Many Coyote Gulch readers live in the Denver metro area. You’ll be happy to know that according to Forbes you live in the 27th most contaminated area in the U.S. — amongst the 40 largest metropolitan areas — based on poor air quality, lack of clean water and a high rate of environmental hazards. Here’s the report from Francesca Levy writing for Forbes. From the article:
To determine which cities are most toxic, Forbes looked at the country’s 40 largest metropolitan statistical areas–geographic entities that the U.S. Office of Management and Budget defines and uses in collecting statistics–based on data provided by the U.S. Environmental Protection Agency. We counted the number of facilities that reported releasing toxins into the environment, the total pounds of certain toxic chemicals released into the air, water and earth, the days per year that air pollution was above healthy levels, and the number of times the EPA has responded to reports of a potentially hazardous environmental incident or site in each metro area’s principal city. The reports vary in seriousness, and not all require clean-up action from the EPA.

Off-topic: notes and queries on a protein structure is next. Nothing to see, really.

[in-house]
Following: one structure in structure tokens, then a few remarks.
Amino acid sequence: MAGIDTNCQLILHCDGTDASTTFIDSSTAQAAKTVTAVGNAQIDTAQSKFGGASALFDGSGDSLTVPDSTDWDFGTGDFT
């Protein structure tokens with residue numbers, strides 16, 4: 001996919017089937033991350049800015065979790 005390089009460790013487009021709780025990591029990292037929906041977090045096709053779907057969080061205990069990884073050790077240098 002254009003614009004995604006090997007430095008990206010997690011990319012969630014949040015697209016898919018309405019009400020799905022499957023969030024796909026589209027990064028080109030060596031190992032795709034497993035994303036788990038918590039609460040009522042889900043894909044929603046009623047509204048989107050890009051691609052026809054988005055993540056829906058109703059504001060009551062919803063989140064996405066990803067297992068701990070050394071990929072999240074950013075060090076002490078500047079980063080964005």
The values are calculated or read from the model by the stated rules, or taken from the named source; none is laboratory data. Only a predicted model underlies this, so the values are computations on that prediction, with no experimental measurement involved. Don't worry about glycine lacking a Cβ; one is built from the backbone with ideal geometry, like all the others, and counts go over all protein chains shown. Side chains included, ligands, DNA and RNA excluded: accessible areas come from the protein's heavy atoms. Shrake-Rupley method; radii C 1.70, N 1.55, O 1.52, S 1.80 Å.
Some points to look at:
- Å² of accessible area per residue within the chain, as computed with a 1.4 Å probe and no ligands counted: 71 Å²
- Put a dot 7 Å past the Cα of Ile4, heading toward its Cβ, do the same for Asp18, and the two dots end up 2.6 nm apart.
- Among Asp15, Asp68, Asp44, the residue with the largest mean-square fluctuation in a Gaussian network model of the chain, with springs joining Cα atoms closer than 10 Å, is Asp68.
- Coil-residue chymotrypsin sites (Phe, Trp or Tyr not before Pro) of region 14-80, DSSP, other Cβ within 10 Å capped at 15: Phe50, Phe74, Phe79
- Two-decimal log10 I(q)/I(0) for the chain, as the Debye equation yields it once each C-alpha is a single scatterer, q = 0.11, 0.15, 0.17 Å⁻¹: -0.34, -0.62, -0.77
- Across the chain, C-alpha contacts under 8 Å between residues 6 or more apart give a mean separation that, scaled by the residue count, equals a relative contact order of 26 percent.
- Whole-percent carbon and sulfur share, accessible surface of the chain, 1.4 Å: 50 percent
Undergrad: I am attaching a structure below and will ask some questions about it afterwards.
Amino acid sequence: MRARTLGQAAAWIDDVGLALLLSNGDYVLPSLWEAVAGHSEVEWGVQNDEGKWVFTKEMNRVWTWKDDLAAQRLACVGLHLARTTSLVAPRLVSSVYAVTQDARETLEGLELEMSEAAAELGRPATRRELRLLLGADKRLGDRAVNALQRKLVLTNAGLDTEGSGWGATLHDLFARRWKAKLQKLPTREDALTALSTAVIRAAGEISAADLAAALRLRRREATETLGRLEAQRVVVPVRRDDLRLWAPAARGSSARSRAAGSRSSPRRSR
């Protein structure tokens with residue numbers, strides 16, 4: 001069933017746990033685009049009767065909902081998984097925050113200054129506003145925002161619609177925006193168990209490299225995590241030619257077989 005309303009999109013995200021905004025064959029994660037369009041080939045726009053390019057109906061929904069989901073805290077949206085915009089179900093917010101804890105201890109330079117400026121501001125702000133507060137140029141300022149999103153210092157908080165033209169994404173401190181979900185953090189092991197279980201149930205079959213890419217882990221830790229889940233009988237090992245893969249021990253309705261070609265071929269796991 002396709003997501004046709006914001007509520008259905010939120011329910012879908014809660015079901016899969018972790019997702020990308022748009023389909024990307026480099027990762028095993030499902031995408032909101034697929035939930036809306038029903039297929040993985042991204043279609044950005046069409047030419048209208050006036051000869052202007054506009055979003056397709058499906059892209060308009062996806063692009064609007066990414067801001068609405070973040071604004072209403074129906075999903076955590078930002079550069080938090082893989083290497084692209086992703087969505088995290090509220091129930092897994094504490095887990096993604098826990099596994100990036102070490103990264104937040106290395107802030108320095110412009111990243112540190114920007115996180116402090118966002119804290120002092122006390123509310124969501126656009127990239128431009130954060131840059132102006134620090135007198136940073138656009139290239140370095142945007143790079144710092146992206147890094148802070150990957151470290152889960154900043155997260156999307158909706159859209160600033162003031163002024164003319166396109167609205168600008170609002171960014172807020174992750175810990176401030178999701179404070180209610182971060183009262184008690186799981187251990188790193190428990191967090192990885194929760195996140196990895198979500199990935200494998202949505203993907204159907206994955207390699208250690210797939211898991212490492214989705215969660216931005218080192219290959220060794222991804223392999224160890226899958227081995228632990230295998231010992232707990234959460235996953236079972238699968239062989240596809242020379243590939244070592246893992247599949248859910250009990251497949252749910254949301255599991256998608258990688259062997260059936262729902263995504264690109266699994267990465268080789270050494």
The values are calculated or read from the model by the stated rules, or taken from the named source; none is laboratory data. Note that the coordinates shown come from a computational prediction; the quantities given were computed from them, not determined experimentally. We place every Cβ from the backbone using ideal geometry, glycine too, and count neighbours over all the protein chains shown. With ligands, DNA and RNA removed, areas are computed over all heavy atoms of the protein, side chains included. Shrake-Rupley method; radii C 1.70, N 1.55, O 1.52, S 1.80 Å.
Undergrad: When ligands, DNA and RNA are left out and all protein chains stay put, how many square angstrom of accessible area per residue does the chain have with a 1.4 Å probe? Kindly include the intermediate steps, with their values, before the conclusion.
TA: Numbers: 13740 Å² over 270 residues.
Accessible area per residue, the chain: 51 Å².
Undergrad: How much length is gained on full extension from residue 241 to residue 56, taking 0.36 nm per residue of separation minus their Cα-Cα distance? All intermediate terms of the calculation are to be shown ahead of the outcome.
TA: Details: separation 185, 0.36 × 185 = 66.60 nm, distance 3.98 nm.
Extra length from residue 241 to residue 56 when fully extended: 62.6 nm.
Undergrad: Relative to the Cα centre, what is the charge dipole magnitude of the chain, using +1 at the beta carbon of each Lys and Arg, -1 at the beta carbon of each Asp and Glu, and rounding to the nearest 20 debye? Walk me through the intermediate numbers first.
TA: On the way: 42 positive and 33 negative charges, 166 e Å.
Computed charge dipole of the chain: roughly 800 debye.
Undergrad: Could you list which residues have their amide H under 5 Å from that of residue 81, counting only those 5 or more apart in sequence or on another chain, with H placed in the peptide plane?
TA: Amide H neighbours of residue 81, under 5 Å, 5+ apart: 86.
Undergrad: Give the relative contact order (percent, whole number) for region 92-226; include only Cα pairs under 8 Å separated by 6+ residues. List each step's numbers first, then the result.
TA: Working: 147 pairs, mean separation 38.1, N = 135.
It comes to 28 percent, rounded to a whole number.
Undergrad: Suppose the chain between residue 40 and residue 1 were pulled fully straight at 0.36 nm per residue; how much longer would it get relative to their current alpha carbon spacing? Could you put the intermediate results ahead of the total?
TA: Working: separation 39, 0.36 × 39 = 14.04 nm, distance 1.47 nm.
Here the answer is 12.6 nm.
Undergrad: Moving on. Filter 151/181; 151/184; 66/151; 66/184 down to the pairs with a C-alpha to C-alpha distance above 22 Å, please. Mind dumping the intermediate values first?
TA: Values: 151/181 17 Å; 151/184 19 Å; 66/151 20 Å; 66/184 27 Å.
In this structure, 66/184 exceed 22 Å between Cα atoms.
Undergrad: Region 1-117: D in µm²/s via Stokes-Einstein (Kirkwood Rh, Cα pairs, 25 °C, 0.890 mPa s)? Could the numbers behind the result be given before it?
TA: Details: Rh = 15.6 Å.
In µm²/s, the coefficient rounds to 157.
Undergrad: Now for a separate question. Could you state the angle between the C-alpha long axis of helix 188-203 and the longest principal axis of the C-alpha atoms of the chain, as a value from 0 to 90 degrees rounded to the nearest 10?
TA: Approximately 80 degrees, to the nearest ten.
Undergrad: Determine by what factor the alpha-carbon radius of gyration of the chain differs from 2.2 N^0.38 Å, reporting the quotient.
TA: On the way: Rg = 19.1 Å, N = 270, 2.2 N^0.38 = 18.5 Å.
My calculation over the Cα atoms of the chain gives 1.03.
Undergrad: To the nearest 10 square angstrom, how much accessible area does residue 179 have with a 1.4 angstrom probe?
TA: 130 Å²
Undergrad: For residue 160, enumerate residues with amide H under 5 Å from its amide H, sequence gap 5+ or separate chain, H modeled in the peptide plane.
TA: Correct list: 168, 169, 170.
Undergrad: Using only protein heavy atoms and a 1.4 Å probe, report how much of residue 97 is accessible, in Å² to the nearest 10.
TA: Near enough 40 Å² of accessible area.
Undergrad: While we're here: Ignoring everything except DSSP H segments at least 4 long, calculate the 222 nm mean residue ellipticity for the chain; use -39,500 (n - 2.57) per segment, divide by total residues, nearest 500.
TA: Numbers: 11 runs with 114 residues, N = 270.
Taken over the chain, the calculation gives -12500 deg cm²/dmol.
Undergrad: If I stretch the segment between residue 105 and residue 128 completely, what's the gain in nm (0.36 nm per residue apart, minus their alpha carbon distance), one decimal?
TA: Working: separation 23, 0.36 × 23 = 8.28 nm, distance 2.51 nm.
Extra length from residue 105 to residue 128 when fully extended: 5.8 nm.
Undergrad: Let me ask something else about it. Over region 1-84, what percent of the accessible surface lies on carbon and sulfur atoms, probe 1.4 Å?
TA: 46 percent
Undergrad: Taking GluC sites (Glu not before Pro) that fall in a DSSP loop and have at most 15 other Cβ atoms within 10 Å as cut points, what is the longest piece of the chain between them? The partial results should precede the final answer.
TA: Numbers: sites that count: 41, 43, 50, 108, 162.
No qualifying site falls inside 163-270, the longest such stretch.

More water pollution coverage here.